Prevention Strategies

1. All headgear must be NOCSAE certified.

2. Make sure the headgear fits the individual.

3. For all sports that require headgear, a coach or appropriate designate should check headgear before use to make sure air bladders work and are appropriately filled. Padding should be checked to make sure they are in proper working condition.

4. Make sure helmets are secured properly at all times.

5. Mouth guards should fit and be used at all times. They also need to be checked throughout the season to maintain their integrity and proper function.

Evaluation for Concussion/MTBI

1. At time of injury administer one of these assessment tests:

a. Sports Concussion Assessment Tool 2 (SCAT2)

b. Graded Symptom Checklist (GSC)

c. Sideline Functional & Visual Assessments

d. On-field Cognitive Testing

2. Athlete does not return to a game or practice if he/she shows any signs and/or symptoms of a concussion or if a coach, athletic trainer, parent or other health care provider suspects a concussion.

Concussion Management

School modifications

a. Notify school nurse and all classroom teachers of the student that he/she has MTBI

b. Notify teachers of post concussion symptoms

c. Ask teachers to contact you with concerns or observations of abnormal student behavior

d. Student may need special accommodations such as limited computer work, reading activities, testing, assistance to class, etc. until symptoms subside

e. Student may only be able to attend school for half days or may need daily rest periods until symptoms subside

Return to Play Protocol

Activity progressions

  1. No activity for 24 hours after injury and athlete is symptom free
  2. Written clearance from treating physician to begin Return to Play Protocol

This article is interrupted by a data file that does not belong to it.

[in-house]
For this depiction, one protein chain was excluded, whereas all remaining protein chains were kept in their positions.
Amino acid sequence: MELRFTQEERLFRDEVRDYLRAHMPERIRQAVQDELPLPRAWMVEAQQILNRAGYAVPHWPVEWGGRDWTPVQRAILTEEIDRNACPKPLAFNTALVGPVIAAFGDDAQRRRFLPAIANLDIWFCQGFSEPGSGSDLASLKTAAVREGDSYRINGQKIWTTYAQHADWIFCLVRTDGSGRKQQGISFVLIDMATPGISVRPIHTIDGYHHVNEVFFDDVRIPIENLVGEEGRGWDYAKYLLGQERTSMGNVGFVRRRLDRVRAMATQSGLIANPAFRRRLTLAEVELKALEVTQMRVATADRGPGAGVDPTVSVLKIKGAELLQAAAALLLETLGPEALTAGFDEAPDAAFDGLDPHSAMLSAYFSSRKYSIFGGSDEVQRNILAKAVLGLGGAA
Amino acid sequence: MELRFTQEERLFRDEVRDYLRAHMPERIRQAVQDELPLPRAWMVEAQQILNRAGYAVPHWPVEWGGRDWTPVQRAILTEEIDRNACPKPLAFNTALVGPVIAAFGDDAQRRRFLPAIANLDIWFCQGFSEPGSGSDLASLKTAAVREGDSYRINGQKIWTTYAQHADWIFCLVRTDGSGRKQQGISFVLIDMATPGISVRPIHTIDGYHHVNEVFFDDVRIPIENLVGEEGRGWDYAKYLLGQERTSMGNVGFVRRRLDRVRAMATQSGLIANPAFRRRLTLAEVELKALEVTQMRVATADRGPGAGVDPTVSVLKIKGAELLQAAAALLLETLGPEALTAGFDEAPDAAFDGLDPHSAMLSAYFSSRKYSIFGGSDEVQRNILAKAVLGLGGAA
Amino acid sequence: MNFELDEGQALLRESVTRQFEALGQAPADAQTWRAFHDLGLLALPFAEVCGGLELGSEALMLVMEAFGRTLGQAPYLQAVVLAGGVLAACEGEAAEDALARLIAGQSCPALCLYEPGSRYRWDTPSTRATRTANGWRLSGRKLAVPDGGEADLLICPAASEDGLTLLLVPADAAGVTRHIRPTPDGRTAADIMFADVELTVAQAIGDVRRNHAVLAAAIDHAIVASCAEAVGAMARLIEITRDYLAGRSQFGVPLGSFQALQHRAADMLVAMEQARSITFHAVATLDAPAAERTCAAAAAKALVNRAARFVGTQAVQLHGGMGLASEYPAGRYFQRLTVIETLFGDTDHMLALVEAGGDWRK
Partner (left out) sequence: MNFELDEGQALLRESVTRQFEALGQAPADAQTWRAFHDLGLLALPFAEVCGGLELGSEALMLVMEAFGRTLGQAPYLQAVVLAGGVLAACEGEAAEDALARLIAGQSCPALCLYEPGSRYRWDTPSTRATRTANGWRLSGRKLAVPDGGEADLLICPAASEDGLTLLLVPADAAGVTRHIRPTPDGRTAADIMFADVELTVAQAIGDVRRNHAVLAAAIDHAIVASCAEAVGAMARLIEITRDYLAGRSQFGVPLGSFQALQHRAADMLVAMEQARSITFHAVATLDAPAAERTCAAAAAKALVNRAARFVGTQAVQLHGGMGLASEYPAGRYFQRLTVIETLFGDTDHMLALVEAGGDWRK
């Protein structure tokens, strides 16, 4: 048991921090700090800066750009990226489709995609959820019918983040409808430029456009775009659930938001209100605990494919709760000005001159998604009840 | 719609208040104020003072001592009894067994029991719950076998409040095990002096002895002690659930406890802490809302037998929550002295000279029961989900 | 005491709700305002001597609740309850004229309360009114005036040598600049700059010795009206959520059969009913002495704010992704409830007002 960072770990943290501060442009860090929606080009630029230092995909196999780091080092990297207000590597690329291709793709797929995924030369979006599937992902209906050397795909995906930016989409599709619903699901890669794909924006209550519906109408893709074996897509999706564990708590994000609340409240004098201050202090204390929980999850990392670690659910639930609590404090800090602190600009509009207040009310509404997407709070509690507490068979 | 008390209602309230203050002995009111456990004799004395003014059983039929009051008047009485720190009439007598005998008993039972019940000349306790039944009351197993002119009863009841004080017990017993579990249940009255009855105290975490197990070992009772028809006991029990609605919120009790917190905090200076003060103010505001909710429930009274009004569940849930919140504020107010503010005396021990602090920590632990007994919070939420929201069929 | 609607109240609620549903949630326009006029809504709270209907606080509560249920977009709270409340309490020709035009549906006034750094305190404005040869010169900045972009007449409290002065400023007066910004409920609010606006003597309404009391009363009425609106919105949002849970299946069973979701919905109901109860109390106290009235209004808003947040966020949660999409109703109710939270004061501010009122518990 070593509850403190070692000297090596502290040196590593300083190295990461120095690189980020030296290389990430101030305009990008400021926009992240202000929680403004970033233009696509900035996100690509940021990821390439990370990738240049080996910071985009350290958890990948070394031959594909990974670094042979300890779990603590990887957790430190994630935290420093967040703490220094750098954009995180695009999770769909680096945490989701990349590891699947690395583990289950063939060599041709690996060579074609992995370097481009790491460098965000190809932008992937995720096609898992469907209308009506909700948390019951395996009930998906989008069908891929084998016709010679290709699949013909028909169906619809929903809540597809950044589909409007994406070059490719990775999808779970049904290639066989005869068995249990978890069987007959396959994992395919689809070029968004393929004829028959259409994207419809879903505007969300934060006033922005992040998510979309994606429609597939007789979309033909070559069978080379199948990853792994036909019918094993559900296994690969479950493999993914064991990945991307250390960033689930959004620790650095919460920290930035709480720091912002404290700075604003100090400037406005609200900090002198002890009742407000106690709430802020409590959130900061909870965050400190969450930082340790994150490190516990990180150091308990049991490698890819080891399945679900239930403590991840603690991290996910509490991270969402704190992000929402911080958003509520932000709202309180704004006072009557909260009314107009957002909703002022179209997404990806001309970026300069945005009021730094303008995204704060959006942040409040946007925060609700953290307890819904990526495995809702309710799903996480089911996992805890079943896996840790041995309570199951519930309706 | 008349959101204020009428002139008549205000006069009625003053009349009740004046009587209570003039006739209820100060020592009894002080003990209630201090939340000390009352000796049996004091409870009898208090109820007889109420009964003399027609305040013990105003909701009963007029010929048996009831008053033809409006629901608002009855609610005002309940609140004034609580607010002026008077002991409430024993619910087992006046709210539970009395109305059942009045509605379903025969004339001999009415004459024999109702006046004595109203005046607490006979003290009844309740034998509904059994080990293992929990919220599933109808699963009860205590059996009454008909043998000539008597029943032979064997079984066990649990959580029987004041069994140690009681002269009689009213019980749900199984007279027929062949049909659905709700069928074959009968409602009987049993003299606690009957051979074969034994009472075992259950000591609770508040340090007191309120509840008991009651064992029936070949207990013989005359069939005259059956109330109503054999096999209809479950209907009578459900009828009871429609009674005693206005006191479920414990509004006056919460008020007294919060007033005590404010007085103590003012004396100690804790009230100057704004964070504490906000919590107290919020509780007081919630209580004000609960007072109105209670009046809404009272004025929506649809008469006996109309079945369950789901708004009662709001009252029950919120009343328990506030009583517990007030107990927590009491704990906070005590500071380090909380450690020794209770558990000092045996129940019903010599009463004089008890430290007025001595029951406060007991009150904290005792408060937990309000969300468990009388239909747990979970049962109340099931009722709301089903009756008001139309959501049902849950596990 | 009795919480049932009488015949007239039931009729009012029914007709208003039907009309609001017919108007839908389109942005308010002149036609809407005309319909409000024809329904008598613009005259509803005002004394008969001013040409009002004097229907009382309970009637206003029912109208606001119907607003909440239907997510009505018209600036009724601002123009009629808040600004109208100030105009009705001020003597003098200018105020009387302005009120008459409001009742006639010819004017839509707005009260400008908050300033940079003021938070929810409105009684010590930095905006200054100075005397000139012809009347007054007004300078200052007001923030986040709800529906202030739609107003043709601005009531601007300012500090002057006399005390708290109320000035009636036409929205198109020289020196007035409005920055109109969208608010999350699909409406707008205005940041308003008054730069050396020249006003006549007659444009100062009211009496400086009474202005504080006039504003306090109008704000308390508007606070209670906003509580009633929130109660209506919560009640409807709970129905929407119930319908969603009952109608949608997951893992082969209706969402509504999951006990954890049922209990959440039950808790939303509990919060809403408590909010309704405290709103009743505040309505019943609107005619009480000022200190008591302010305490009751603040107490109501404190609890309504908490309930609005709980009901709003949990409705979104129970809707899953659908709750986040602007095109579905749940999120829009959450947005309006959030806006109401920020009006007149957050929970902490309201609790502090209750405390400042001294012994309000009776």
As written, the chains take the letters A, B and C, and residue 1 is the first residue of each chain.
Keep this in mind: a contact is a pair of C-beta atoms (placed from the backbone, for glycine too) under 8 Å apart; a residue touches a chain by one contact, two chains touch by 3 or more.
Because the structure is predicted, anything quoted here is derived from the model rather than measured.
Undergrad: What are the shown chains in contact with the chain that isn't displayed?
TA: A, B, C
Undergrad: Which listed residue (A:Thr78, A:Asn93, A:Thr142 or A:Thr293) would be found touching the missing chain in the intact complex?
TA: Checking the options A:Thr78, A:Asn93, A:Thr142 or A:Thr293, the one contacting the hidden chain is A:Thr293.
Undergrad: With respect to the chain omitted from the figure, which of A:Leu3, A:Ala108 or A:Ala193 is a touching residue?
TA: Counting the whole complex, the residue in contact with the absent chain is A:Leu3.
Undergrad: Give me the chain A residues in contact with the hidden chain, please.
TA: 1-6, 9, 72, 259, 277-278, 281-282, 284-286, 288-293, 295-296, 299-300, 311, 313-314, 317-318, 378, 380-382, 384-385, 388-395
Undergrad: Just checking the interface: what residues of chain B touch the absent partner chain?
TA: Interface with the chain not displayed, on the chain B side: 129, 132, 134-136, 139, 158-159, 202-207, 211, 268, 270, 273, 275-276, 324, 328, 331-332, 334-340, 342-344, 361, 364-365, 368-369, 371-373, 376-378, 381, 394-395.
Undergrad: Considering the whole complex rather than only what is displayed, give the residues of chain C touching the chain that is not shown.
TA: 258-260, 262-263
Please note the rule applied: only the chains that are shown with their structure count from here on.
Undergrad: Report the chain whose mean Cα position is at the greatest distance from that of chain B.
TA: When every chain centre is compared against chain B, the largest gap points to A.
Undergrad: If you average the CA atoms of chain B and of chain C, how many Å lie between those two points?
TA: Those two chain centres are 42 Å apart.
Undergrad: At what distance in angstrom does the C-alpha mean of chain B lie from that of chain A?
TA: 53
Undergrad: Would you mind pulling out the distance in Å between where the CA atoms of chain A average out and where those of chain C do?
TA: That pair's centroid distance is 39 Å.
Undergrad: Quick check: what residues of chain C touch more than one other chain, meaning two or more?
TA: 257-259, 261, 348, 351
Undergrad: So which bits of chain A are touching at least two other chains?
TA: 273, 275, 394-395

3. Light aerobic exercise with no resistance training
  4. Sport specific activity
  5. Non-contact training drills with resistance training
  6. Full contact training drills
  7. Written Clearance from treating physician to Return to Play
  8. Completed UIL Return to Play form
  9. Return to play
  10. Note – Athlete progression continues as long as athlete is asymptomatic at current level. If the athlete experiences any post concussion symptoms with any step above, athlete will wait 24 hours and continue at the previous step.

Athletic Trainer clearance per TISD Return to Play concussion guidelines.

 References

1. McCrory, Paul, et al. Summary & Agreement Statement of the 2nd International Conference on Concussion in Sport, Prague 2004; Clinical Journal of Sports Medicine, March 2005

2. Guskiewicz, Kevin M, et al. National Athletic Trainers Association Position Statement: Management of Sport-Related Concussion; Journal of Athletic Training, Sept. 2004

3. www.ImPacttest.com

4. www.healthsystem.virgina.edu/internet/neurogram

5. www.cdc.org

6. www.brainline.org

7. www.uiltexas.org

8. Presbyterian Sports Network, Sports Concussion Management Protocol

9. Mesquite ISD Concussion policy

10. Lake Dallas ISD Concussion policy

11. Round Rock ISD Concussion policy

12. National Athletic Trainers Association